Occasionally on the blog we find a new talent we want to brag about. There are lots of writers who put words on paper because they have to, not because they want to. It became a job and stopped being fun and it shows in their work.
BB Free has a passion and energy that are palpable in her writing. Take a short walk with us as we chat.
- What is the working title of your next book?
I published my first children’s book, The Rescuers, this July. My next children’s book is in the illustration phase and it’s called The Knights of Ugly. I am two thirds done with my novel Friends of the Bride.
- Where did the idea come from for the book?
The Rescuers was written back in 2001 while I was taking a course in teaching gifted students. It was a culminating activity for the course. My daughter Laura was quite the kind and generous pre-teen at the time, and that was the inspiration for a children’s story that actually showcased children engaging in random acts of kindness.
- Which is the more important of these two: write drunk, edit sober?
Definitely edit sober. You can allow yourself some flights of fancy with your libation of choice, but editing is a serious business.
- How long did it take you to write the first draft of the manuscript?
The very first draft was written in three or four weeks.
- Which living author or blogger would you buy drinks for?
That changes from time to time. Right now, I’d love to have a drink with Elizabeth Gilbert and J.K. Rowling.
- What is the best part about being an indie (or traditional) author for you?
Control. Being a new indie writer, there are aspects that I need to ease into, like expanding my social media presence and personal appearances. I like that I can set the pace of my writing life considering I must have a full-time job to pay the bills.
- If you have a blog, how did that start?
My blogging practices are unusual. I don’t blog about writing. I blog about food. I’ve had a foodie blog now for almost two years. It started during a dry period in the development of the novel. (I don’t like the phrase “writer’s block”). My husband suggested that I step away from it and write something completely different for a while to keep up my writing “chops”. He told me to write about something I knew, and since we like to travel and restaurant-hop, I began to write about our gastronomic adventures.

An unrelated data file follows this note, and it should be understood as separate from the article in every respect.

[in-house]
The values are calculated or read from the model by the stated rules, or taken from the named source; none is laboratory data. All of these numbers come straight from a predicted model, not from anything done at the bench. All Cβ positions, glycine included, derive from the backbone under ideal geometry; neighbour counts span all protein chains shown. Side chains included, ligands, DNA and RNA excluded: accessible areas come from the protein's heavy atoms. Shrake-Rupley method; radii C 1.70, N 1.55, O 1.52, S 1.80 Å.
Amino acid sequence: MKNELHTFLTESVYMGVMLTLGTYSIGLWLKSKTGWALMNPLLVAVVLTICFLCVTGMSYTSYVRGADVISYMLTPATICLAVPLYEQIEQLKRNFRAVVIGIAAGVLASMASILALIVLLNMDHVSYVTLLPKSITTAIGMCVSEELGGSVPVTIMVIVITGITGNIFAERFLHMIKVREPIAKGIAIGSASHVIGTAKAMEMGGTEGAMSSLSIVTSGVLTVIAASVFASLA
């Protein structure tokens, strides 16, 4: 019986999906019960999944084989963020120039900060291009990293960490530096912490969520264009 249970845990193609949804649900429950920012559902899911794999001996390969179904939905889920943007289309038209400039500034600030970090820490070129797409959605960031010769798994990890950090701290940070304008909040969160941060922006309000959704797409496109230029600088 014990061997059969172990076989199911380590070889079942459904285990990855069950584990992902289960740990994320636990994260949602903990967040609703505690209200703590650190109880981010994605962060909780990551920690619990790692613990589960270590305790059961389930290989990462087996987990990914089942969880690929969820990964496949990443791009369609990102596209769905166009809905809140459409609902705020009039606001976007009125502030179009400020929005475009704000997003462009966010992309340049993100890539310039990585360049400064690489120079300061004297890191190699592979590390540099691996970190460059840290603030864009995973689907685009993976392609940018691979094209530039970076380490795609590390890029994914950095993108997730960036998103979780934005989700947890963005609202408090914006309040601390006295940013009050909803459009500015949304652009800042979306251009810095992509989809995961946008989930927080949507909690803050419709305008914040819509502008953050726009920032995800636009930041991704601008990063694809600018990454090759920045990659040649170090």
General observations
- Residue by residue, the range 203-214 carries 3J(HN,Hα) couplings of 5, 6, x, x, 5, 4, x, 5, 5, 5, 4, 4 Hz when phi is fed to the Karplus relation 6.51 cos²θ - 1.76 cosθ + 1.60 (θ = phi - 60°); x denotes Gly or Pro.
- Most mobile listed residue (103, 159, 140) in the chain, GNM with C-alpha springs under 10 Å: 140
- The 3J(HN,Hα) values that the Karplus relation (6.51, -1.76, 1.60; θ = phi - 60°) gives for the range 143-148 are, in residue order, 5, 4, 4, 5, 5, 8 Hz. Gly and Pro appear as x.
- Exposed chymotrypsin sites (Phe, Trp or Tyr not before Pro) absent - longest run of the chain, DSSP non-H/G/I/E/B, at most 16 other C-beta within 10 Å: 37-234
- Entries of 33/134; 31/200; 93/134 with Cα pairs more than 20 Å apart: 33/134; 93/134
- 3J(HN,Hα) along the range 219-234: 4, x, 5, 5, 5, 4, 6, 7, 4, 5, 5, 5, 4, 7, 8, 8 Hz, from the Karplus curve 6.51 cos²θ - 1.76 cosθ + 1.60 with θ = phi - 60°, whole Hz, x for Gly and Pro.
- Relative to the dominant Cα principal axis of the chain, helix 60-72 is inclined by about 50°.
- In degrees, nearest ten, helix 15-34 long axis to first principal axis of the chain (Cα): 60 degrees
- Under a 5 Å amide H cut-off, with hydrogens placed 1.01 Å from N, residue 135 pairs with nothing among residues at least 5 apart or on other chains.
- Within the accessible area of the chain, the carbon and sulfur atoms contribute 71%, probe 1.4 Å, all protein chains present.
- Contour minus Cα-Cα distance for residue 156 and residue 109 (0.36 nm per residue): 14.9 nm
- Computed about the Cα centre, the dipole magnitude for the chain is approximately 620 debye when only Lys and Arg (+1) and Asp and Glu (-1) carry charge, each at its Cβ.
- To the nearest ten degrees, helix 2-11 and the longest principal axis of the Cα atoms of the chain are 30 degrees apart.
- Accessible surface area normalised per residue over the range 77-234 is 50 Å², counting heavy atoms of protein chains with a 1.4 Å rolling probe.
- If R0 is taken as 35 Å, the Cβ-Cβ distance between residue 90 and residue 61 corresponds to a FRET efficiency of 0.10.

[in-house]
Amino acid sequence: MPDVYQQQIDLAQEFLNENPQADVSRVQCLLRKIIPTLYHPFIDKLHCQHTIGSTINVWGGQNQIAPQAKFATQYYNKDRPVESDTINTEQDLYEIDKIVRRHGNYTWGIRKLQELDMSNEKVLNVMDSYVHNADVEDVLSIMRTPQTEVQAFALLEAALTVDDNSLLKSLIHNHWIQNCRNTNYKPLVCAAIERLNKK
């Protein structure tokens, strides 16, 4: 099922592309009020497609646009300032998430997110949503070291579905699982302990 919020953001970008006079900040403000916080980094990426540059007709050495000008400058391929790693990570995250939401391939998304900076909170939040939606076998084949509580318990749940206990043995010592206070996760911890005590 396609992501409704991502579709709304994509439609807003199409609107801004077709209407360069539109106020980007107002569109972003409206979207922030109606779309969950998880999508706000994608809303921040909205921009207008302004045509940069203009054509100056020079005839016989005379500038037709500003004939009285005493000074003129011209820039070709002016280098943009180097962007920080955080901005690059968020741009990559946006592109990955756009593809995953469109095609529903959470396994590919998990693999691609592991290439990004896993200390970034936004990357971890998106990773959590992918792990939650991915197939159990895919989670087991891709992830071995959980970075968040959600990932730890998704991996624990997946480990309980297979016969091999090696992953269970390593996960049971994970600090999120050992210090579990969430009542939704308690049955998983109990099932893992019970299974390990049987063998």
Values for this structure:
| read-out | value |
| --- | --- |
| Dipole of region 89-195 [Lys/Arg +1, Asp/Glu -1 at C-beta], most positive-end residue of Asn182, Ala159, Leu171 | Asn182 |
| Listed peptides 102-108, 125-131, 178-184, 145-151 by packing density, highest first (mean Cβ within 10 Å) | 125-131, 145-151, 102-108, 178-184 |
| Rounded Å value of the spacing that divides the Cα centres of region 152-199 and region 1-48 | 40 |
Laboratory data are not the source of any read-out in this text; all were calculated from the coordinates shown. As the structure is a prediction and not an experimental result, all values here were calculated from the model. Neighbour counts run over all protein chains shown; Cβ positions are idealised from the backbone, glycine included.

- Besides writing, what are your favorite things to do?
Travel, cook, travel, read, travel, study Italian, travel…
- What do you think some of the greatest misconceptions about indie authors are?
That we’re not as good as traditionally published authors simply because we haven’t been picked up or because we choose not to go that route. There is quality indie writing and there is indie dribble, just like there is quality in traditionally published product as well as dribble.
- What’s your favorite social media?
Facebook, by far. It gives you the freedom to set up anything from a simple page to one resembling a webpage. Advertising is effective and very cheap. But, and this is a big but, their restrictions on reach seem to be getting worse every day. You have to be crafty and strategic to get your content seen.
- How much structure is in your story before you start writing it?
It depends on the piece, but the one thing I’ve noticed I must have whether it’s a children’s story, a short story or an epic saga is an ending. I need to know where I’m going or I get completely stuck.
- When did you know you wanted to be a writer?
That’s hard for me to pinpoint. I’ve been writing since I was 15, about 40 years. I decided I would write a book for others to read just three years ago, and I decided I would do this for the rest of my life a year after that. I’m quite the newbie.
- What’s the strangest place you’ve gotten a great story idea? Describe in detail. Inquiring minds want to know!
My dreams would be the strangest. Every once in a while a concept is so clear in my dreams, I can’t shake it. It doesn’t fade in the light of day. I recently wrote a short story based on a momentary vivid image of a girl who had locked herself in an attic.
- What is the single most important quality in a novel; what must an author do to win you over?
Beautiful language, but that’s just me. It doesn’t have to be poetic in every page, but the writer has to show me that he/she knows and loves what language can do to elicit visceral reactions, whether it’s compassion, anger, fear, joy… you name it.
Social media and other links:
Foodie blog: bbfree61.blogspot.com